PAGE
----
Fabio Aru: A Spanish Swan song
As retirement from professional cycling beckons, Fabio Aru discusses his affinity with the Vuelta a España, his most challenging moments and his spell with Team Qhubeka-NextHash.
Just two days before the 2021 Vuelta a España kicked-off in Burgos, Qhubeka-NextHash announced that the loop around Spain would be Fabio Aru’s final race as a professional cyclist. We had the pleasure of speaking to the 31-year-old on the first rest day.
Aru was never supposed to conquer the biggest races in the world. Growing up in Sardinia, his family had no direct link to the sport at a professional level, though his father regularly enjoyed casual rides on his mountain bike. Aru’s achievements are built upon dedication to his craft, and a deep passion for riding his bike.
After beginning his professional career with Astana in the autumn of 2012, Aru rapidly became a prominent figure in the WorldTour peloton. He started the Giro d’Italia for the first time in 2013, and by the time the 2014 Giro came around, he’d become a stage winner. He only needed one more season to become a Grand Tour champion.
Aru won the 2015 Vuelta a España ahead of Joaquim Rodríguez and Rafal Majka after Tom Dumoulin faded in the mountains late on. He had just turned 25, but Aru had already won a Grand Tour, which only added to the five stage victories he'd also collected.
“When I won the race it was a really good experience, good memories", recalls Fabio, looking back to his victory in 2015. "I also remember my first Vuelta, where I discovered this beautiful country. The fans really love cycling. For sure, when I won the Vuelta it was amazing, but I think that every time I've raced in Spain it was really good."
Fabio Aru attacks to victory on La Planche des Belles Filles at the 2017 Tour de France (Image credit: KT/Tim De Waele/Corbis via Getty Images)
After winning a stage at the 2017 Tour de France atop La Planche des Belles Filles, which completed the Grand Tour trilogy (winning a stage at all three Grand Tours), Fabio encountered the most difficult spell of his career. His results declined rapidly, and for no apparent reason. Fabio and his team were puzzled. After a year of frustration, Fabio was eventually diagnosed with an iliac artery issue.
“I have really bad memories about this”, said Fabio, glancing back to this phase of his career. “I didn’t understand the real problem for one year. That was really bad, because my races and my shape went down. I tried to have a fast recovery, which was not the best. When you have surgery like this, you need to give time to your body for recovery. I was immediately at the Tour de Suisse and the Tour de France, which was not the best for my career. I think I lost two years, easily.”
After a difficult three-year spell with UAE Team Emirates came to a close in 2020, Aru joined Team Qhubeka NextHash for the 2021 campaign — the third team of his career. Qhubeka ride with the spirit of Ubuntu — 'I am because we are' — which is about working together as a team to achieve goals. Qhubeka, which is a Nguni word meaning "to move forward", empower people across Africa by donating bicycles to those who can benefit most.
Aru finished second overall at the 2021 Vuelta a Burgos (Image credit: Gonzalo Arroyo Moreno/Getty Images)
Aru has felt the spirit of Ubuntu this season, and spoke powerfully about his time with Team Qhubeka-NextHash. “We race like a team. Outside of races, we live like a family. I always think that if I had found this team before in my career, for sure, it would have been a little better for me, but I only found it in my last year. I am also lucky to be part of this team and to end my chapter of cycling in a team that I really love.”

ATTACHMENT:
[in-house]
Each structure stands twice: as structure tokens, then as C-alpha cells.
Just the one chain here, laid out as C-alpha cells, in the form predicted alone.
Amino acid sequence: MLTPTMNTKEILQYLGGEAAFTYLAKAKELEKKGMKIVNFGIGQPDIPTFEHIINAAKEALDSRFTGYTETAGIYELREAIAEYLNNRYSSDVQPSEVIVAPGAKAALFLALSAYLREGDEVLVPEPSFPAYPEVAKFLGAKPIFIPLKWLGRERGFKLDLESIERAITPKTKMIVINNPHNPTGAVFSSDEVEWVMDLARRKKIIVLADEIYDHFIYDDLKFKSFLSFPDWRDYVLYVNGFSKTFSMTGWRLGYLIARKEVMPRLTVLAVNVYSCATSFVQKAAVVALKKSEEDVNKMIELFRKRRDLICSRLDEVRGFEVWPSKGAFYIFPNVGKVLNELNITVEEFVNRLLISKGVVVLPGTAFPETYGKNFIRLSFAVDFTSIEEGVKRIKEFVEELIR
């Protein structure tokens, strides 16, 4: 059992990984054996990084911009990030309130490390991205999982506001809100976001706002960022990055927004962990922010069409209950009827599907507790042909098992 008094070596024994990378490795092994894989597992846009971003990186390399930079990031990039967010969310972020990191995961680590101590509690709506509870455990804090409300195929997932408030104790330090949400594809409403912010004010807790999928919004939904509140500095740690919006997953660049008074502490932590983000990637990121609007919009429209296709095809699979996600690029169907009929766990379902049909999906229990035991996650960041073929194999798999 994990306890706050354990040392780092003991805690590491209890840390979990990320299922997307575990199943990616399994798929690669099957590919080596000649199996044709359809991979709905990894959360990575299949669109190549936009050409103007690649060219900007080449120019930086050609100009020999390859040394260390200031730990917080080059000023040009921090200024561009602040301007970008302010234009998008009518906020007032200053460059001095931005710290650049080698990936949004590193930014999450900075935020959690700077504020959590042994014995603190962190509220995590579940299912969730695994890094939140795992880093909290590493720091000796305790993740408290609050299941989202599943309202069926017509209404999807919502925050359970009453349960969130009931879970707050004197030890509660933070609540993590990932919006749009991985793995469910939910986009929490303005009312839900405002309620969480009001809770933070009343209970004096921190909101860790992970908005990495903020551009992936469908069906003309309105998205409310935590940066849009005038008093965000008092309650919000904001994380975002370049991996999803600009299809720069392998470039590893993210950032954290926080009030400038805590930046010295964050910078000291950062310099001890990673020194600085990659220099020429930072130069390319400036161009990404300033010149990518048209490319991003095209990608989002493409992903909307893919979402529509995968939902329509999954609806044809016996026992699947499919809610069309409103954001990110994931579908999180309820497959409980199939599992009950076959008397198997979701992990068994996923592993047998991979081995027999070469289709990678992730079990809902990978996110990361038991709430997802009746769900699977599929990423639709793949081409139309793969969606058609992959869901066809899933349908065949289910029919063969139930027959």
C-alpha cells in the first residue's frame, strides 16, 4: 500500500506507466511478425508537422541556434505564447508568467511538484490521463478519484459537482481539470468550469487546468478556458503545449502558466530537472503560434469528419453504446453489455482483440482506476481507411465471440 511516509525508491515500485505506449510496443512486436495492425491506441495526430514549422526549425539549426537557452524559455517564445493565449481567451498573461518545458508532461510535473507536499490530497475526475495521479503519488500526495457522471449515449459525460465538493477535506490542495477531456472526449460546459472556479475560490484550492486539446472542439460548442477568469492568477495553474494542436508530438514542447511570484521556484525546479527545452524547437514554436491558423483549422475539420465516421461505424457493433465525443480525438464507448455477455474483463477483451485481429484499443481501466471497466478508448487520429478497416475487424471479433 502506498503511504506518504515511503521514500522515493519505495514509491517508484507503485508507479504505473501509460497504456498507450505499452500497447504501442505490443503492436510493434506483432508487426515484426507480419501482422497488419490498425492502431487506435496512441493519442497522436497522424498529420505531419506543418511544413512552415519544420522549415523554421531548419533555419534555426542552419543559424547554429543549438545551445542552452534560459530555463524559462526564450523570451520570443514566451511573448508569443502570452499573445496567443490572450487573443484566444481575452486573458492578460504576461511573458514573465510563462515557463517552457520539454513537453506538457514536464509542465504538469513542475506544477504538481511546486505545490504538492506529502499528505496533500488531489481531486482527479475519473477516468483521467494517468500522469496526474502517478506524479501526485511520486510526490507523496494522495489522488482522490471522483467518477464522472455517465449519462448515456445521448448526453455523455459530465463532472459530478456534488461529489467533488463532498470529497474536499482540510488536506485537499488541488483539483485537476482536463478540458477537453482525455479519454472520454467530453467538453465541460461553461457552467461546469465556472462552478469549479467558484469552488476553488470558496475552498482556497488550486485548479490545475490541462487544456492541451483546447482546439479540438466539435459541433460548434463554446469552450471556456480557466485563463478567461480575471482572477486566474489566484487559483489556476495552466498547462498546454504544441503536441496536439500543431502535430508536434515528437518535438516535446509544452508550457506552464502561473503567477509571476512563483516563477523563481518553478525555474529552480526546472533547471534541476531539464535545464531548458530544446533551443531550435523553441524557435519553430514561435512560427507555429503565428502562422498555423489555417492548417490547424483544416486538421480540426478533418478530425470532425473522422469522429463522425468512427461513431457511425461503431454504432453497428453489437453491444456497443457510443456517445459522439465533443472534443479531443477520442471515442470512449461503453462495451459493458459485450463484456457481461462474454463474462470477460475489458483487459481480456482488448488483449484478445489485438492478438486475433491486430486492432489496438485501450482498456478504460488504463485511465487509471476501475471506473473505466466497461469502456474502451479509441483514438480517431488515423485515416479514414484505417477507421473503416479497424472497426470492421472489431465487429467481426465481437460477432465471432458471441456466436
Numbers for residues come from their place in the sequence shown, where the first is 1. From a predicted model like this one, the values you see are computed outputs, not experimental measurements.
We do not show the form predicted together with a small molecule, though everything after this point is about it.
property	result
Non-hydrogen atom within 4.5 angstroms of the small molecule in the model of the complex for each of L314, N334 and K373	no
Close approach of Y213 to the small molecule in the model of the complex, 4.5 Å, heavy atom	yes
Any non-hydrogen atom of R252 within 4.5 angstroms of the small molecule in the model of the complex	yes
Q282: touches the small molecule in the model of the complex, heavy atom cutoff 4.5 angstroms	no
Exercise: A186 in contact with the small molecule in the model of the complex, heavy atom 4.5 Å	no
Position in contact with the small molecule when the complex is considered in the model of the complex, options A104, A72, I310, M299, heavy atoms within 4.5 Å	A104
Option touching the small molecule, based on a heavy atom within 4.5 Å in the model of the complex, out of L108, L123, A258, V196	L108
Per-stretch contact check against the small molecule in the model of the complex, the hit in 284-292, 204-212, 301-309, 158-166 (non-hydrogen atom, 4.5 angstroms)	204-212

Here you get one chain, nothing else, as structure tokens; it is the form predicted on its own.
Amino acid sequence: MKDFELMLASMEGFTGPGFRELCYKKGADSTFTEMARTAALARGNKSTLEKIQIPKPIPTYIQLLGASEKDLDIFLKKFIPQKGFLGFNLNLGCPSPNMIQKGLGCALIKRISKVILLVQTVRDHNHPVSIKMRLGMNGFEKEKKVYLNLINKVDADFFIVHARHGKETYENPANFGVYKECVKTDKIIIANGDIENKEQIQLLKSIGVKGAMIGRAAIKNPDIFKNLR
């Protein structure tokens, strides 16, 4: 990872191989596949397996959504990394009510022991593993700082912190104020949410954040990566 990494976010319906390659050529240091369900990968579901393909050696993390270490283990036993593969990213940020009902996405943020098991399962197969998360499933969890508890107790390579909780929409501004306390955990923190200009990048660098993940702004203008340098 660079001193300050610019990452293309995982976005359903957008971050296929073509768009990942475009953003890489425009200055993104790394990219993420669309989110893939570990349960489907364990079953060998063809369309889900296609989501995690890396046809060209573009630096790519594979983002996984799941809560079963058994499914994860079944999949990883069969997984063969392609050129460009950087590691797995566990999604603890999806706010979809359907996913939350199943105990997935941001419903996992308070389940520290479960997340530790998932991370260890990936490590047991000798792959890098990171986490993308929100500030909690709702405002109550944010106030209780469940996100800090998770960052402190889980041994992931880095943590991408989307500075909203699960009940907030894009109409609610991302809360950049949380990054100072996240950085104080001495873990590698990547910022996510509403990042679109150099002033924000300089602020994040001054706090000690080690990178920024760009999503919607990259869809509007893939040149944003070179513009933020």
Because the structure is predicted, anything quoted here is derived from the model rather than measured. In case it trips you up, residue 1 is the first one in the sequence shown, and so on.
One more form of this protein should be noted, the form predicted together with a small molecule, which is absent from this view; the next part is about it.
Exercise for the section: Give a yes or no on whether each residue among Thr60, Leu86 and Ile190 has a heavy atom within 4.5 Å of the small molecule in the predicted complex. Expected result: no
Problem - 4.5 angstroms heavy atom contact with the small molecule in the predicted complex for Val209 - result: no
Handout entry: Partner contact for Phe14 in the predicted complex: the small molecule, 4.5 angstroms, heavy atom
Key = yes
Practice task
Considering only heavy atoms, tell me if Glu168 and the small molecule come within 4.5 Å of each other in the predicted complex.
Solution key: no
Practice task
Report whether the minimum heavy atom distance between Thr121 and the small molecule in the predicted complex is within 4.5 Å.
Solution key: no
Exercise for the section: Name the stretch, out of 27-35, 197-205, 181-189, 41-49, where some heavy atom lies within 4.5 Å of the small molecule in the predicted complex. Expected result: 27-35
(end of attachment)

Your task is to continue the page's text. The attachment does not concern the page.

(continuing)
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Six years after he won the race, the 2021 Vuelta a España will be Fabio Aru’s swan song. Exiting the first rest day, the Italian sits 14th overall, four minutes and 36 seconds behind race leader Primož Roglič. But what are Aru’s goals for the final race of his professional career?
“I am still close to the top ten riders in the GC, although I lost some time on stage 9. It can happen in Grand Tours, you can have one bad day. I’m still close to the top ten. Also, to be in the front of one stage would be really good for me. For the moment, I want to know how my legs are in the next days. In Grand Tours, a lot can change from one week to another.”
Richard Carapaz and Fabio Aru during stage 7 of the Vuelta a España (Image credit: Gonzalo Arroyo Moreno/Getty Images)
Reflecting on his career as a whole, Fabio said, “I started riding my bike because I loved to ride. And then, you know, I become one of the best pro riders in the world. I started with a BMX in Sardinia! To come from nothing to the top level of the sport, it’s amazing.”
For Fabio, this is the end of a chapter, but the beginning of a new one beckons. “For sure I want to continue to ride as a hobby and a passion. Maybe I'll do some things in the cycling world. But first I want to stay with my family and give my time for my family. You never know, one moment you think one way, but first I know that my family has the priority in this moment.”
The boy from Sardinia conquered the world of cycling. He won a stage at all three Grand Tours, and became a champion. He faced adversity for long periods and came through the other side. For that, we should take stock, and celebrate watching Fabio Aru for what remains of the 2021 Vuelta a España. The peloton won't feel quite the same without him.
Cover image: Tim de Waele/Corbis via Getty Images